• How would you refactor this?
  • How to deal with large parameter lists that you need when separating it in several functions?

I really hope this large chunk of questions is not out of place.

  • If the x, y, z logs are to be handled separately and differently, they can head off to different handler classes. If there is no common behavior, these handlers don't need to implement the same interface or derive from the same base class. However, based on Interface Segregation Principle, you can still use interfaces to capture some common aspects between them. For example, they may implement the same interface for accepting data.
    – rwong
    Jul 31, 2015 at 10:34
  • That would be a way and could also solve the long parameter list problem, right? I could create functions or getters and setters for the necessary variables which otherwise would be parameters in the function call. Then when I create an instance, I just need to make sure I have set everything. Though using the constructor should be a lot better though because then I definitely can't miss anything (but have the long list again).
    – John
    Jul 31, 2015 at 11:25
  • I think your question is too broad in the current form. You ask us to give hints for refactoring a 3000 line program just by a rough scetch. Furthermore you want us to give some general hints about how and when to apply SOLID and/or OOD. To apply SOLID and OOD correctly to your project, there will be one or two dozens of individual problems to be solved, ask about them one at a time. For example, the "parameter list" question is a good fit on its own.
    – Doc Brown
    Jul 31, 2015 at 12:28
  • Yeah, you're right. What I probably currently need is a general "That would make good class, put that in an interface" rather then a specific "This the specific solution x for problem y". Mainly because I have never done something like that before and I need an idea where to start to have a broad overview on what to do next.
    – John
    Jul 31, 2015 at 12:37
  • 1
    Back in a beginner's situation, I recalled that I transitioned from "not knowing how to move code around places" to "realizing that you could really move code from anywhere to anywhere and have it do the same thing". From there, it takes lots of experience to learn what would be the natural ways to group things together for the benefit of its human maintainers. Those are summarized by the principles known as SOLID. But that doesn't turn a beginner into an overnight senior programmer; it still takes a long time to learn. The principles only help validate/reaffirm your experience.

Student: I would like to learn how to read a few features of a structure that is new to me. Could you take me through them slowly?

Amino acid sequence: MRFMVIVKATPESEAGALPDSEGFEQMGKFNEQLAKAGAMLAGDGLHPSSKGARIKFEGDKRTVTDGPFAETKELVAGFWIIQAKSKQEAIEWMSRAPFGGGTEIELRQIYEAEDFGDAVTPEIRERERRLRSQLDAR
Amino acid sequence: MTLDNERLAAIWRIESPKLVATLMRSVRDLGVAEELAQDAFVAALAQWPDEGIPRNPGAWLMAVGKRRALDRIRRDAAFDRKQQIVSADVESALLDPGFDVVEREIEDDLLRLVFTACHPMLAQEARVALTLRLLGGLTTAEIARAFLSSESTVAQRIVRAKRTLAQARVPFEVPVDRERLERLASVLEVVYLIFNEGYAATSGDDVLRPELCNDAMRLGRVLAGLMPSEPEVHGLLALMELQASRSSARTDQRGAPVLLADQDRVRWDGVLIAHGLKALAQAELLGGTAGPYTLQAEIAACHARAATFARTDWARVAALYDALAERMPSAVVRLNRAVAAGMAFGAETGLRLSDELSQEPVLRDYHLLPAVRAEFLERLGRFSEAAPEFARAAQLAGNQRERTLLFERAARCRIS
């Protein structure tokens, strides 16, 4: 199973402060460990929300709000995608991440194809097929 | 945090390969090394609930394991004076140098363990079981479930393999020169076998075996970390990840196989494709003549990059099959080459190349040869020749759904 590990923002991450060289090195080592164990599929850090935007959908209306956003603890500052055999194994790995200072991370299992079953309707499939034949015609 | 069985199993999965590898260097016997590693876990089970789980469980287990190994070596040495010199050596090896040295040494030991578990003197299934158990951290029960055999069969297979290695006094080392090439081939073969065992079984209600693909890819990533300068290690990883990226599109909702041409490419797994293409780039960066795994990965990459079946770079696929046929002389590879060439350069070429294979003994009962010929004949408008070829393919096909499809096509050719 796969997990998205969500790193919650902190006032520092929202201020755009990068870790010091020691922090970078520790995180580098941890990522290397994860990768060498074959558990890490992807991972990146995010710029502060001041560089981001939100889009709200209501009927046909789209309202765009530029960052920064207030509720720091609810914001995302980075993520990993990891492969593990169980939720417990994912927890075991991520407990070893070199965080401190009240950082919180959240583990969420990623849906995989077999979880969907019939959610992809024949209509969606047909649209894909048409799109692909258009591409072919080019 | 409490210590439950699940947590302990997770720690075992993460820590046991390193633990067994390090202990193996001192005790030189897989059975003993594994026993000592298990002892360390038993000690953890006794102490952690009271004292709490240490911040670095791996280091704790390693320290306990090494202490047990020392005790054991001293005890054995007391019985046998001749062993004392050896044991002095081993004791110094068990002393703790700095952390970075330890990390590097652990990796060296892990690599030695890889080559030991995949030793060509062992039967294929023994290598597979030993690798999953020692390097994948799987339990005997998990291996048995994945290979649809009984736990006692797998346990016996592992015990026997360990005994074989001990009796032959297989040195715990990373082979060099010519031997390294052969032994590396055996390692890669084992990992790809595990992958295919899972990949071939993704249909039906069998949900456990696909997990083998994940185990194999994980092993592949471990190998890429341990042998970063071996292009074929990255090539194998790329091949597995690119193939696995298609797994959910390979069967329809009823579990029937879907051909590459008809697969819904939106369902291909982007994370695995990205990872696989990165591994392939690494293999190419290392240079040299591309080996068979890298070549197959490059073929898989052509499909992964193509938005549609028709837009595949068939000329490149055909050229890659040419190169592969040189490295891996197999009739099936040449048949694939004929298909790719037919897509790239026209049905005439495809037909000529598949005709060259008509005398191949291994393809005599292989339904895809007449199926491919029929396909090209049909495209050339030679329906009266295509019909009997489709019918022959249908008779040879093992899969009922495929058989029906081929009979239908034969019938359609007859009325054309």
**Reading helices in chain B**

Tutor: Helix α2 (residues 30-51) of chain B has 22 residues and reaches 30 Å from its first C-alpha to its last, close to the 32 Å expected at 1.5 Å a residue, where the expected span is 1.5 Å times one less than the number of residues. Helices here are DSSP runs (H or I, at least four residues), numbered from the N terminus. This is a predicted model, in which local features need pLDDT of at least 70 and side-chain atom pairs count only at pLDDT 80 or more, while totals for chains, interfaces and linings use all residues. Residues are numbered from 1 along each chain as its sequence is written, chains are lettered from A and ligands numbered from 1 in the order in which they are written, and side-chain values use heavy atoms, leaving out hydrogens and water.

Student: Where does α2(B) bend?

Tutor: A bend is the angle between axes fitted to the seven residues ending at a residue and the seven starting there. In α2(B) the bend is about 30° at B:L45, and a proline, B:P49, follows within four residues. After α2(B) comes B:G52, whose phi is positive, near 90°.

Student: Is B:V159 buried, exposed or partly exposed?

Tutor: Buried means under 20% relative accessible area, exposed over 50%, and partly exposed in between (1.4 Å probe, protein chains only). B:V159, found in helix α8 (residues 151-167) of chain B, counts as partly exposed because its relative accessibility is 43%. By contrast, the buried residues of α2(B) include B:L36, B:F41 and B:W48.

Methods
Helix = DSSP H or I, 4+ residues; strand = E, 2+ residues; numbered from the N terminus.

– rwong
    Jul 31, 2015 at 13:47

1 Answer 1


What should I do?

Whatever you think is best.

You know the requirements. You know the code. You seem to have reasonable views on what is good, what is bad, and what changes might get you.

Should I use SOLID?

Yes. Guidelines exist because they usually will make things better. You shouldn't adhere to it just to be "right" - you should apply the guidelines because you think they'll make your code better.

Do you have unit tests? With code like this, (and being a beginner) you might not. I would suggest writing up some basic ones. They will help point out where your code will be painful to reuse - or where weird coupling points are. That can then help you judge where and how the code should be cleaned up to be better.

  • Unfortunately, no it is currently manually tested. But that is also one of the reasons besides expandability, why I want to refactor it. Shame on me I have to say because I am well aware of that unit tests should be done, but I haven't had the time between the ever changing requirements and studying for college. But in a week I'll have some time to dive into that and hopefully make the working piece of software a beautiful work.
    – John
    Aug 1, 2015 at 13:52